Deep frontal and periventricular age related white matter changes but not basal ganglia and infratentorial hyperintensities are associated with falls: cross sectional results from the LADIS study.
ABSTRACT Global age related white matter changes (ARWMC) are associated with progressive gait disturbances and falls, hypothesised to result from interruptions of cortico-subcortical circuits controlling balance, posture and locomotion.
The location of ARWMC in a large cohort of elderly non-disabled individuals with reported falls was analysed, using the cross sectional data of the Leukoaraiosis and Disability (LADIS) study. Detailed anatomical distributions of ARWMC assessed by MRI studies were analysed with respect to falls and balance performance.
The severity of global ARWMC was significantly associated with a history of falls in the year prior to study inclusion (22.2% in the mild, 31.6% in the moderate and 37.3% in the severe ARWMC group according to the Fazekas scale; p = 0.002). Analysing the anatomical distribution of ARWMC, using the semiquantitative Scheltens scale, in multivariate analysis, periventricular (p = 0.006) and frontal deep (p = 0.033) ARWMC were independently associated with falls. Furthermore, logistic regression identified frontal deep (p = 0.003) ARWMC, but not basal ganglia and infratentorial hyperintensities, as significantly associated with balance disturbances.
The association of frontal and periventricular ARWMC with falls supports the hypothesis that interruption of frontal subcortical motor circuits lead to balance disturbances and hence to an increased risk for falls in ARWMC.
Article: Executive function and falls in older adults: new findings from a five-year prospective study link fall risk to cognition.[show abstract] [hide abstract]
ABSTRACT: BACKGROUND: Recent findings suggest that executive function (EF) plays a critical role in the regulation of gait in older adults, especially under complex and challenging conditions, and that EF deficits may, therefore, contribute to fall risk. The objective of this study was to evaluate if reduced EF is a risk factor for future falls over the course of 5 years of follow-up. Secondary objectives were to assess whether single and dual task walking abilities, an alternative window into EF, were associated with fall risk. METHODOLOGY/MAIN RESULTS: We longitudinally followed 256 community-living older adults (age: 76.4±4.5 yrs; 61% women) who were dementia free and had good mobility upon entrance into the study. At baseline, a computerized cognitive battery generated an index of EF, attention, a closely related construct, and other cognitive domains. Gait was assessed during single and dual task conditions. Falls data were collected prospectively using monthly calendars. Negative binomial regression quantified risk ratios (RR). After adjusting for age, gender and the number of falls in the year prior to the study, only the EF index (RR: .85; CI: .74-.98, p = .021), the attention index (RR: .84; CI: .75-.94, p = .002) and dual tasking gait variability (RR: 1.11; CI: 1.01-1.23; p = .027) were associated with future fall risk. Other cognitive function measures were not related to falls. Survival analyses indicated that subjects with the lowest EF scores were more likely to fall sooner and more likely to experience multiple falls during the 66 months of follow-up (p<0.02). CONCLUSIONS/SIGNIFICANCE: These findings demonstrate that among community-living older adults, the risk of future falls was predicted by performance on EF and attention tests conducted 5 years earlier. The present results link falls among older adults to cognition, indicating that screening EF will likely enhance fall risk assessment, and that treatment of EF may reduce fall risk.PLoS ONE 01/2012; 7(6):e40297. · 4.09 Impact Factor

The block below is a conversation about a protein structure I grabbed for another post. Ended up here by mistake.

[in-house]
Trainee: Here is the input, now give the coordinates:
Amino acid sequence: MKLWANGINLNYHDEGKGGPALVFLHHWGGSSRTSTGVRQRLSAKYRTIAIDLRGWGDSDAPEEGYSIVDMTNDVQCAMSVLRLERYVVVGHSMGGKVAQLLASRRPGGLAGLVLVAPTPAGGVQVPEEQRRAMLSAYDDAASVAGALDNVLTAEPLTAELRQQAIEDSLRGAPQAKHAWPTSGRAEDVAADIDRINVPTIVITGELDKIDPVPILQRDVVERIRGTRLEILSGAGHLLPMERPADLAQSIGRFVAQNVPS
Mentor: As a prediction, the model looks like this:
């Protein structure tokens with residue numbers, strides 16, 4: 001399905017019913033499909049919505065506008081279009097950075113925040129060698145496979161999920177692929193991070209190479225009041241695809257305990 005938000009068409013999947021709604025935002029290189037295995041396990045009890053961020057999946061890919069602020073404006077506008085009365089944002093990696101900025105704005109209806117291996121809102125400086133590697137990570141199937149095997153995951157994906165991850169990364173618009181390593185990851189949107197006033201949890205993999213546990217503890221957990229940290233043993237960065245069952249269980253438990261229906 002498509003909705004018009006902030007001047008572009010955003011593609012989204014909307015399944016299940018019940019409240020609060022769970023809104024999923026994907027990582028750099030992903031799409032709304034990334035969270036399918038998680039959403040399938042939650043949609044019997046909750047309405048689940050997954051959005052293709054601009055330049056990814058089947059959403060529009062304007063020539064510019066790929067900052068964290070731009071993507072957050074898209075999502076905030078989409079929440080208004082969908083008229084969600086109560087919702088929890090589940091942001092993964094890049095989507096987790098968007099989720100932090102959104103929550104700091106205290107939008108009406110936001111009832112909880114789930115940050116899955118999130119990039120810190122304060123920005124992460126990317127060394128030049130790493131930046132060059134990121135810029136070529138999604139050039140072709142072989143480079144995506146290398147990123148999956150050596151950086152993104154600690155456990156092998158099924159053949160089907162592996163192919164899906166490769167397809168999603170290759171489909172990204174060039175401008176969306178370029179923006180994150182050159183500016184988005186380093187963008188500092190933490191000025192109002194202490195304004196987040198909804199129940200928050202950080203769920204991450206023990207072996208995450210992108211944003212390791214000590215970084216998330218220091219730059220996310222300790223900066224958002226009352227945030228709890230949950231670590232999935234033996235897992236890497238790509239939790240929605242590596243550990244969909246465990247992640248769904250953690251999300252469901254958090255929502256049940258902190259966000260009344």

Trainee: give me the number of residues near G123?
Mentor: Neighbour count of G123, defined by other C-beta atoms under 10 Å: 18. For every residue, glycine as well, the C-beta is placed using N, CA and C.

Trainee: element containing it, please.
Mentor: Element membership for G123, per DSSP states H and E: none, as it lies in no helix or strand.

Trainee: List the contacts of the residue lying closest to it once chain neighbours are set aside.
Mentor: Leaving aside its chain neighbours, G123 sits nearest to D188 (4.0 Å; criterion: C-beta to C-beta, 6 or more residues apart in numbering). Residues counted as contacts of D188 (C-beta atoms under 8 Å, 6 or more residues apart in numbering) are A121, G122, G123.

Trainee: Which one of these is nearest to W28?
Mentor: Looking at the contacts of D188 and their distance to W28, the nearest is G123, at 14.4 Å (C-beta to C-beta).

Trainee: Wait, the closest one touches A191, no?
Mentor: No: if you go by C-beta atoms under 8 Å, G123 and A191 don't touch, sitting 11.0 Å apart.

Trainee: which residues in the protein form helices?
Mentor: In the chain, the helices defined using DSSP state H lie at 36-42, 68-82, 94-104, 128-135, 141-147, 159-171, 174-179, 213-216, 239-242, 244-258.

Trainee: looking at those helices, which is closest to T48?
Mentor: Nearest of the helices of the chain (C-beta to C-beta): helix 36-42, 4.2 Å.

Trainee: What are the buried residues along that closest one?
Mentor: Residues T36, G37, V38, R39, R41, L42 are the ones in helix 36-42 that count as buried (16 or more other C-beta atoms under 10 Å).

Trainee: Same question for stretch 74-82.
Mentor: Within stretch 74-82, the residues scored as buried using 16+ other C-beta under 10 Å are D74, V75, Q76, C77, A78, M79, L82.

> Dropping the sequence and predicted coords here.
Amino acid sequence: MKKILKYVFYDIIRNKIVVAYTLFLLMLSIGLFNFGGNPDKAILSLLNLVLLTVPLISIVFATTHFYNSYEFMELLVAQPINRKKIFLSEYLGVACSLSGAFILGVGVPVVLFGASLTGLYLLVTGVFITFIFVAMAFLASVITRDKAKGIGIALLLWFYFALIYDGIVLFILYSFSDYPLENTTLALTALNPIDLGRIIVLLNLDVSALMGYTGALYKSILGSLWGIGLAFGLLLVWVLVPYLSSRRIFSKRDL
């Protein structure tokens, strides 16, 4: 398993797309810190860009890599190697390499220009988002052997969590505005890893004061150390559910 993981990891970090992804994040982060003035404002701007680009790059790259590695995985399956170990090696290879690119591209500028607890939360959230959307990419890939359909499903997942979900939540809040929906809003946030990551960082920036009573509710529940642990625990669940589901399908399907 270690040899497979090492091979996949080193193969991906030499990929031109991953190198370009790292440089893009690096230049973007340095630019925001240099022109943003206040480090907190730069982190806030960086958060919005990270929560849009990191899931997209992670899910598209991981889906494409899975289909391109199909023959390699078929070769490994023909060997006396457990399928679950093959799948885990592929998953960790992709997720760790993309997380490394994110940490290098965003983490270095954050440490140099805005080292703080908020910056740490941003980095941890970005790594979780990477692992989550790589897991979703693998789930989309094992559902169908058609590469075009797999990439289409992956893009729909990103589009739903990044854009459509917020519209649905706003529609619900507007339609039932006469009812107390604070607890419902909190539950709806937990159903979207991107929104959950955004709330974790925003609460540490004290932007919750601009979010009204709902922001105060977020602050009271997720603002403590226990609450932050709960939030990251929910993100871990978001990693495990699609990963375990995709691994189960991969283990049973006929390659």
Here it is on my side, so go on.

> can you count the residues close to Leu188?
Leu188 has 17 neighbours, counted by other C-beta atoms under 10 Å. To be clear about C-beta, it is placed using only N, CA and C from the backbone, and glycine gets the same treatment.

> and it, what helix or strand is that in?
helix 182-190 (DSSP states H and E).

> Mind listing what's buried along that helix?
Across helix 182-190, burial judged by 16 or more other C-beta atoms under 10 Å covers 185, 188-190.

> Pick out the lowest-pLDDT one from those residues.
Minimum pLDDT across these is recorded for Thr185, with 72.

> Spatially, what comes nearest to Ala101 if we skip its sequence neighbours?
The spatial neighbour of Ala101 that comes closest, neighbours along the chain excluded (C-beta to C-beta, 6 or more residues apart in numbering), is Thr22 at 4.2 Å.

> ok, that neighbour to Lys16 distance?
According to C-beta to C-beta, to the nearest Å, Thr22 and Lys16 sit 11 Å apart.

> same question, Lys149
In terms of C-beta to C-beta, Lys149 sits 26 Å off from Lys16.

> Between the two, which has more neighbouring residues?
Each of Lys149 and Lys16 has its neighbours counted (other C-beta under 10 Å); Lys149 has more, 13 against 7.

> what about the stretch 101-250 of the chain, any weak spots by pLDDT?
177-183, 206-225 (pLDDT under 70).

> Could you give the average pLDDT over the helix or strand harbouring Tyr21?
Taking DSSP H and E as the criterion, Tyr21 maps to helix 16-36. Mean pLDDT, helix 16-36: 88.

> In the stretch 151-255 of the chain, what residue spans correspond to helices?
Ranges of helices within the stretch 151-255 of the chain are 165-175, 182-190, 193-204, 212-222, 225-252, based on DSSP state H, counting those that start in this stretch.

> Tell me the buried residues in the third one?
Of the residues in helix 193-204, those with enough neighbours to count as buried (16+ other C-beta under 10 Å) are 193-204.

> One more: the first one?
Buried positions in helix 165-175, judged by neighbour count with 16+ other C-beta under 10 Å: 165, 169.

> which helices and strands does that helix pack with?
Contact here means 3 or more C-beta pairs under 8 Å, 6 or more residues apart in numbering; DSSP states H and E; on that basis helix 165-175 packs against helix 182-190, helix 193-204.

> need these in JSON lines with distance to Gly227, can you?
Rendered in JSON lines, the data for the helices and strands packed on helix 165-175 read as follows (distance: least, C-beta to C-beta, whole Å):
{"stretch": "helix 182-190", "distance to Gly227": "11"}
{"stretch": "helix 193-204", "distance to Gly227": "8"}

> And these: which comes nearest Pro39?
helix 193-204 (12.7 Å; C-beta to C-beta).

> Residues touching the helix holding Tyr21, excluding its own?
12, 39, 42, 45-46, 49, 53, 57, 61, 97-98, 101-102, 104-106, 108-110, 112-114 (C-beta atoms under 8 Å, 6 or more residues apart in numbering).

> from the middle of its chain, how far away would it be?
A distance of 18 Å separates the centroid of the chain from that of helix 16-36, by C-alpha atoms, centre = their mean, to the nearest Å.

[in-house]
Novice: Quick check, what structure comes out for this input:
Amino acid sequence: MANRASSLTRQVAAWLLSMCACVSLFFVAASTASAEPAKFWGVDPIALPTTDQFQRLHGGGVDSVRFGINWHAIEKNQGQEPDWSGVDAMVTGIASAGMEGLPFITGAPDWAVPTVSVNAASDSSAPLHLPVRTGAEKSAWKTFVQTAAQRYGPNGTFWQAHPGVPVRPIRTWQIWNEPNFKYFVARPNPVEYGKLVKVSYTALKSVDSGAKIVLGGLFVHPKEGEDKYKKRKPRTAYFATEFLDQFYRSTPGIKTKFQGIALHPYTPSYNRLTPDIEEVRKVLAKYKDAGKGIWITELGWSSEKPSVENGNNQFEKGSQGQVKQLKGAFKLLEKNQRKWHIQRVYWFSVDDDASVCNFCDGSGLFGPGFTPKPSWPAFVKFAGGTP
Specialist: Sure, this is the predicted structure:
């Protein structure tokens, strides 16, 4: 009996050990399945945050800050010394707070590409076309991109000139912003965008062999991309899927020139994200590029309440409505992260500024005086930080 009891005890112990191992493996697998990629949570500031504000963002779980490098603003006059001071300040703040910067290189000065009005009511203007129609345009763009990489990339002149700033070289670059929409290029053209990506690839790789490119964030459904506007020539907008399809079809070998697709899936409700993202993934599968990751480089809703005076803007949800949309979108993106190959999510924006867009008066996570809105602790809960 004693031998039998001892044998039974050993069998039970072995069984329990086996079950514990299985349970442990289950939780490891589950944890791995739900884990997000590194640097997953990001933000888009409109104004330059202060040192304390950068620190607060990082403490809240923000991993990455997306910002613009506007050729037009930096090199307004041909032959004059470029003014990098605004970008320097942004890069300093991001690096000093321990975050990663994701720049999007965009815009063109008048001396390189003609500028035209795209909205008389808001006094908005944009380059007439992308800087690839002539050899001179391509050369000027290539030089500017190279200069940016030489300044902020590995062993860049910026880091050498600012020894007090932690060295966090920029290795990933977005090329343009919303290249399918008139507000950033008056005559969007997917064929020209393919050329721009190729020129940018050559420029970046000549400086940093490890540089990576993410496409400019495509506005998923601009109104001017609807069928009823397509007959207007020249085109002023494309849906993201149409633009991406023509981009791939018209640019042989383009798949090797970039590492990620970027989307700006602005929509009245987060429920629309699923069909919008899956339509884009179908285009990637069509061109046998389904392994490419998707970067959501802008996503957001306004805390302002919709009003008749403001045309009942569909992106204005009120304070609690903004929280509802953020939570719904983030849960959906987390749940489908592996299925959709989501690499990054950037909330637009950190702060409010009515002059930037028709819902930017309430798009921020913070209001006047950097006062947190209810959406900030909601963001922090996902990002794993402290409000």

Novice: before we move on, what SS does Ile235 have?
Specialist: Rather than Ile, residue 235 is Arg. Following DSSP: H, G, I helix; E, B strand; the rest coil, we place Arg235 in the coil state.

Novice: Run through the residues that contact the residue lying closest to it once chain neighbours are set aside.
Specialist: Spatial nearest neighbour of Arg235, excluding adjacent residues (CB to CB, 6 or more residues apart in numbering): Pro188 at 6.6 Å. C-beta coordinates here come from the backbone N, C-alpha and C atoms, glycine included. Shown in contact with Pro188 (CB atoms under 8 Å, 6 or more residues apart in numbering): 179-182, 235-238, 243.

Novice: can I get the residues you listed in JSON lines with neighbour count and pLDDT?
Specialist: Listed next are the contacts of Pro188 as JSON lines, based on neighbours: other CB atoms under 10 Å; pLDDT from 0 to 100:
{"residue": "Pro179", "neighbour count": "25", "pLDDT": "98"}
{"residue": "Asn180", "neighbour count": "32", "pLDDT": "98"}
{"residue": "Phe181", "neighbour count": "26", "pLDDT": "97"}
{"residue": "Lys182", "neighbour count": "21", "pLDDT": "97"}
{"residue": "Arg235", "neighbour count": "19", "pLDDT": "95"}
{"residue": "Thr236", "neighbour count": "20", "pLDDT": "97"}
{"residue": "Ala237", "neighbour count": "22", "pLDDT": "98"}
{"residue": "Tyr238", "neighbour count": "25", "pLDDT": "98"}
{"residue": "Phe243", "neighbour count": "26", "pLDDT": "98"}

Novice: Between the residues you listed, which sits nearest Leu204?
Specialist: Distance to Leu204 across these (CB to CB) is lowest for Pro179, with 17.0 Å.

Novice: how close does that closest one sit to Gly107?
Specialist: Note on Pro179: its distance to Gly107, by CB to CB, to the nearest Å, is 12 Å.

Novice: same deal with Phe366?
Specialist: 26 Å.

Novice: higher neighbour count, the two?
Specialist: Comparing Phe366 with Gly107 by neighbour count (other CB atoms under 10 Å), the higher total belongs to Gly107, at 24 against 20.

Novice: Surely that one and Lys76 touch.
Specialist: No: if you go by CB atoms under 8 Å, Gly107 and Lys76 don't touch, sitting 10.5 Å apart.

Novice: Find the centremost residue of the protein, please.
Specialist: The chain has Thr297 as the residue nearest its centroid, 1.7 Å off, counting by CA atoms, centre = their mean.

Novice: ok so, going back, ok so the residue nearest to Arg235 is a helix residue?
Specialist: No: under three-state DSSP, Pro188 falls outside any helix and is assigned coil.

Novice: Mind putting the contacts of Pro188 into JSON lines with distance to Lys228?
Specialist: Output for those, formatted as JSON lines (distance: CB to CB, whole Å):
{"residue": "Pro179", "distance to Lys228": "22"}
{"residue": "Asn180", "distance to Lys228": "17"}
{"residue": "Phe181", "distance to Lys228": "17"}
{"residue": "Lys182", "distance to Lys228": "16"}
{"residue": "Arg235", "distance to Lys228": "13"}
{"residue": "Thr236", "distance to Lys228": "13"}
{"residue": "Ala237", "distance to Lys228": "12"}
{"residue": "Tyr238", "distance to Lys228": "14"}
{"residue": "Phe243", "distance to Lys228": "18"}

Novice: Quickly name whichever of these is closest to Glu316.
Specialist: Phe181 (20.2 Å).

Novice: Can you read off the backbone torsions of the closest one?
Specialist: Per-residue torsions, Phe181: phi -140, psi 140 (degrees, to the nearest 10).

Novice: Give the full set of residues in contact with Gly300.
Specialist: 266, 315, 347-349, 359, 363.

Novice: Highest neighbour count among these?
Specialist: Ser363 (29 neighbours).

Article: Impact of white matter lesions on physical functioning and fall risk in older people: a systematic review.[show abstract] [hide abstract]
ABSTRACT: White matter lesions (WMLs) are common findings on neuroimaging in older people. This review systematically evaluates the published literature on the associations between WMLs and balance, gait, mobility, and falls in older people. Studies were identified with searches of the MEDLINE databases. Articles reporting associations between WMLs and balance, gait, mobility, and falls in older people in cross-sectional and longitudinal studies were included. Thirty-one articles reporting data from 19 studies met the inclusion criteria. There were consistent findings from both cross-sectional and longitudinal studies indicating greater WML volumes are associated with impaired balance, slower gait, and reduced mobility. Most studies addressing regional WML distributions have reported that WMHs in the frontal lobe and periventricular regions show the strongest relationships with balance, gait, and mobility impairments. In relation to falls, a threshold effect was apparent in that only those with severe WML volumes were found to be at increased risk of falling. The findings of this systematic review indicate that WMLs are common and are significantly associated with impaired balance, gait, mobility, and falls in older people. In many studies, however, impaired mobility and increased fall risk are only evident in people who have the most severe degree of WMLs.Stroke 06/2011; 42(7):2086-90. · 5.73 Impact Factor